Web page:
Feb 20, 2024 - News

MI focus groups: Swing voters sound off on EVs, SOAR and Whitmer

Gov. Whitmer speaks at podium during bill signing for the state's 100% clean energy pledge

Gov. Gretchen Whitmer speaks at Eastern Market during a bill signing for the state's 100% clean energy pledge. Photo: Samuel Robinson/Axios

Swing voters participating in online focus groups last week expressed concerns over the direction of the state's economic growth strategy.

Why it matters: None of the 14 voters were aware of the Strategic Outreach and Attraction Reserve Fund (SOAR), the state's multibillion-dollar fund to subsidize large manufacturing projects to sweeten the deal for major companies to build in Michigan.

Of note: Axios sat in on two Engagious/Sago online focus groups last week with 14 Michiganders who voted for former President Trump in 2016 and President Biden in 2020.

  • Eight are independents and six are Republicans. Most are from cities across Metro Detroit and two are from Holland and Jackson.
  • These focus groups aren't statistically significant samples like a poll, but the responses show how voters feel about current events.

What they're saying: "I think it really needs to go back into small businesses," Dennis B. of Jackson said of the more than $2 billion poured into the attraction fund. Jerome B. of Clinton Township said the state should try to bring new industry and different types of manufacturing instead of investing in the electric car market.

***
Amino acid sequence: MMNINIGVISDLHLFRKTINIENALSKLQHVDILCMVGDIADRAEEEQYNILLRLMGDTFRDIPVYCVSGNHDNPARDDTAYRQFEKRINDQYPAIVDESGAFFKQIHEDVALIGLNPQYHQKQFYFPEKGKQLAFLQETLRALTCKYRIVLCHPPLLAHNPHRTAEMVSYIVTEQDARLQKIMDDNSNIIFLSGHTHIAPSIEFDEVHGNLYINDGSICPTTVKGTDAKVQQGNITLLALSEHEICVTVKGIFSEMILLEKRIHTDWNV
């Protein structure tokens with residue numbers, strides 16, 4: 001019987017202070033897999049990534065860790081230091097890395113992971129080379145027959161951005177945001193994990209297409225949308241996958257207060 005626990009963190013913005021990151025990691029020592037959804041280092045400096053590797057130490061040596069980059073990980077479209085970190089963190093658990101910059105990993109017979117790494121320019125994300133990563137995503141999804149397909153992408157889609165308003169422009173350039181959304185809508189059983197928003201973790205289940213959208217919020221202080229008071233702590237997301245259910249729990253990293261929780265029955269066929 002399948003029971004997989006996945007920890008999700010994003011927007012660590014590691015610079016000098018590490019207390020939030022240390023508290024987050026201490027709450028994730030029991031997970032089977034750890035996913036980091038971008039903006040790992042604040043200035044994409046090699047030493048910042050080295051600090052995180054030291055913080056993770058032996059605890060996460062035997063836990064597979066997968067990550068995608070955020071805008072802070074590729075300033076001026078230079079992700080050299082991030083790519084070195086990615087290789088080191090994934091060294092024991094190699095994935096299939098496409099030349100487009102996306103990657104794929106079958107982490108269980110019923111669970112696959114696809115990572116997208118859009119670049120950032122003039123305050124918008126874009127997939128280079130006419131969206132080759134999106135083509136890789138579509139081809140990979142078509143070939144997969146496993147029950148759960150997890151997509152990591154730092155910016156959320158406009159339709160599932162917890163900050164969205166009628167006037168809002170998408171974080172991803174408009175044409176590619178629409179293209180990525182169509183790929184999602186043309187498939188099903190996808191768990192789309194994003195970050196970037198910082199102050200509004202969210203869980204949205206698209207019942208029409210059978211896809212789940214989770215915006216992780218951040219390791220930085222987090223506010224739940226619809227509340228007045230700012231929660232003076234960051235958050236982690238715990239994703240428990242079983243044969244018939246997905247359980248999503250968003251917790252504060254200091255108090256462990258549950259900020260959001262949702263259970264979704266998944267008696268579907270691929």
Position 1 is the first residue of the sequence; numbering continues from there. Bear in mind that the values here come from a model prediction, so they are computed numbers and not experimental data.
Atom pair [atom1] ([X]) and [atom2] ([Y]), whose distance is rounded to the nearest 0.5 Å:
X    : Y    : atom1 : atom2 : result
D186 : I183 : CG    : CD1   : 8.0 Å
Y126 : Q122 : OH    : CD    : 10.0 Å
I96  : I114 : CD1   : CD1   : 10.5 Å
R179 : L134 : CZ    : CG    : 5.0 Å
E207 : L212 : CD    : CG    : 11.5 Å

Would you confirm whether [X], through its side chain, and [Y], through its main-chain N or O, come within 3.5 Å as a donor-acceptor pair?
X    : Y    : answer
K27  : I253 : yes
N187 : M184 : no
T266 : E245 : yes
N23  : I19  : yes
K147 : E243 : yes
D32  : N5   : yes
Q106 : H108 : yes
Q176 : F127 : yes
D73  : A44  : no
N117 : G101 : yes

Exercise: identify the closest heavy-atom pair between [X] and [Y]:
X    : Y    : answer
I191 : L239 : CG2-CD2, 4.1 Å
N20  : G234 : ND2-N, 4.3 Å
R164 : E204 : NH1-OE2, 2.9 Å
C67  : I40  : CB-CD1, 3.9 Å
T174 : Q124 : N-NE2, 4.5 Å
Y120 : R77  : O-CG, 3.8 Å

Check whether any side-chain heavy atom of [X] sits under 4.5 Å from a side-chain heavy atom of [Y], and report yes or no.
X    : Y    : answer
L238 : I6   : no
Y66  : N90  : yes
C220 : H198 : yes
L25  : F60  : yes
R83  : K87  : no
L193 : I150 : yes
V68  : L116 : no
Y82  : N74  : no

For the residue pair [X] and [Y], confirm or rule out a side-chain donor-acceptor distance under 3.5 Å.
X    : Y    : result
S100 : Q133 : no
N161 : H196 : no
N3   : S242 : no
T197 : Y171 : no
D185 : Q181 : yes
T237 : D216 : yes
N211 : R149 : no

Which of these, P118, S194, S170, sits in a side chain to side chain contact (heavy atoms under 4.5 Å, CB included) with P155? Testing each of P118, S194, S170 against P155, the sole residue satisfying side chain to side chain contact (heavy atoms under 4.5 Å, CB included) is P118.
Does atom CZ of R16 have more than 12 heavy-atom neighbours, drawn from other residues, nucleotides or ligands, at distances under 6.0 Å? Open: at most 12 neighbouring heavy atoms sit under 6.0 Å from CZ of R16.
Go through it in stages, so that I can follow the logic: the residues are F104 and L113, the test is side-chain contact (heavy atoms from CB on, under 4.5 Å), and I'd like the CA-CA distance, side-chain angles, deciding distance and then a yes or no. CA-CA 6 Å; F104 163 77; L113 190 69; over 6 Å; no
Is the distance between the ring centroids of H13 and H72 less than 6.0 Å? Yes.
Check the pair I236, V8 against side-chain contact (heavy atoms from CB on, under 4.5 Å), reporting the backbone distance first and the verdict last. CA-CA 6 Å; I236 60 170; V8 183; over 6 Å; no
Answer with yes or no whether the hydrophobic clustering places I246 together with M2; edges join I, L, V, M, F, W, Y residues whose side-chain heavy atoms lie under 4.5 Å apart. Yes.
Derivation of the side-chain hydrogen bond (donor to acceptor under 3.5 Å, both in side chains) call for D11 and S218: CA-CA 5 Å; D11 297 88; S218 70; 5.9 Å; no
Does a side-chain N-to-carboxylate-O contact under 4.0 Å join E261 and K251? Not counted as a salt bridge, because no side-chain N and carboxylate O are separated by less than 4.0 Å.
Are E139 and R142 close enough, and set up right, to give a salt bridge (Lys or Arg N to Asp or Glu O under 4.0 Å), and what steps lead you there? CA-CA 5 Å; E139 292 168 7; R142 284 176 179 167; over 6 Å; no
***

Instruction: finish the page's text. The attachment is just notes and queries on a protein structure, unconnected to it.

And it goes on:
• Most respondents said they did not support General Motors' plan to use the fund to expand an Orion Township plant, build an electric battery manufacturing facility in Lansing and make upgrades to two other Lansing-area plants.
  • "If GM wants to go all electric, they'll be out of business by 2035," Steve K. of Sterling Heights said.

Catch up fast: Michigan is trying to become an EV hub but has needed help from Chinese battery companies, which face pressure from skeptical residents and local Republican lawmakers.

On Gov. Gretchen Whitmer, the independent and right-leaning voters weren't as kind to the governor's future presidential chances as focus groups that included Democrats, but several did say they would like to see her run in 2028.

  • "I think that she is a really great individual to try and bridge the gap between the two sides that are so far apart. I think her being younger definitely helps," said Matt J. of Warren when asked whether he would like to see her run for president.
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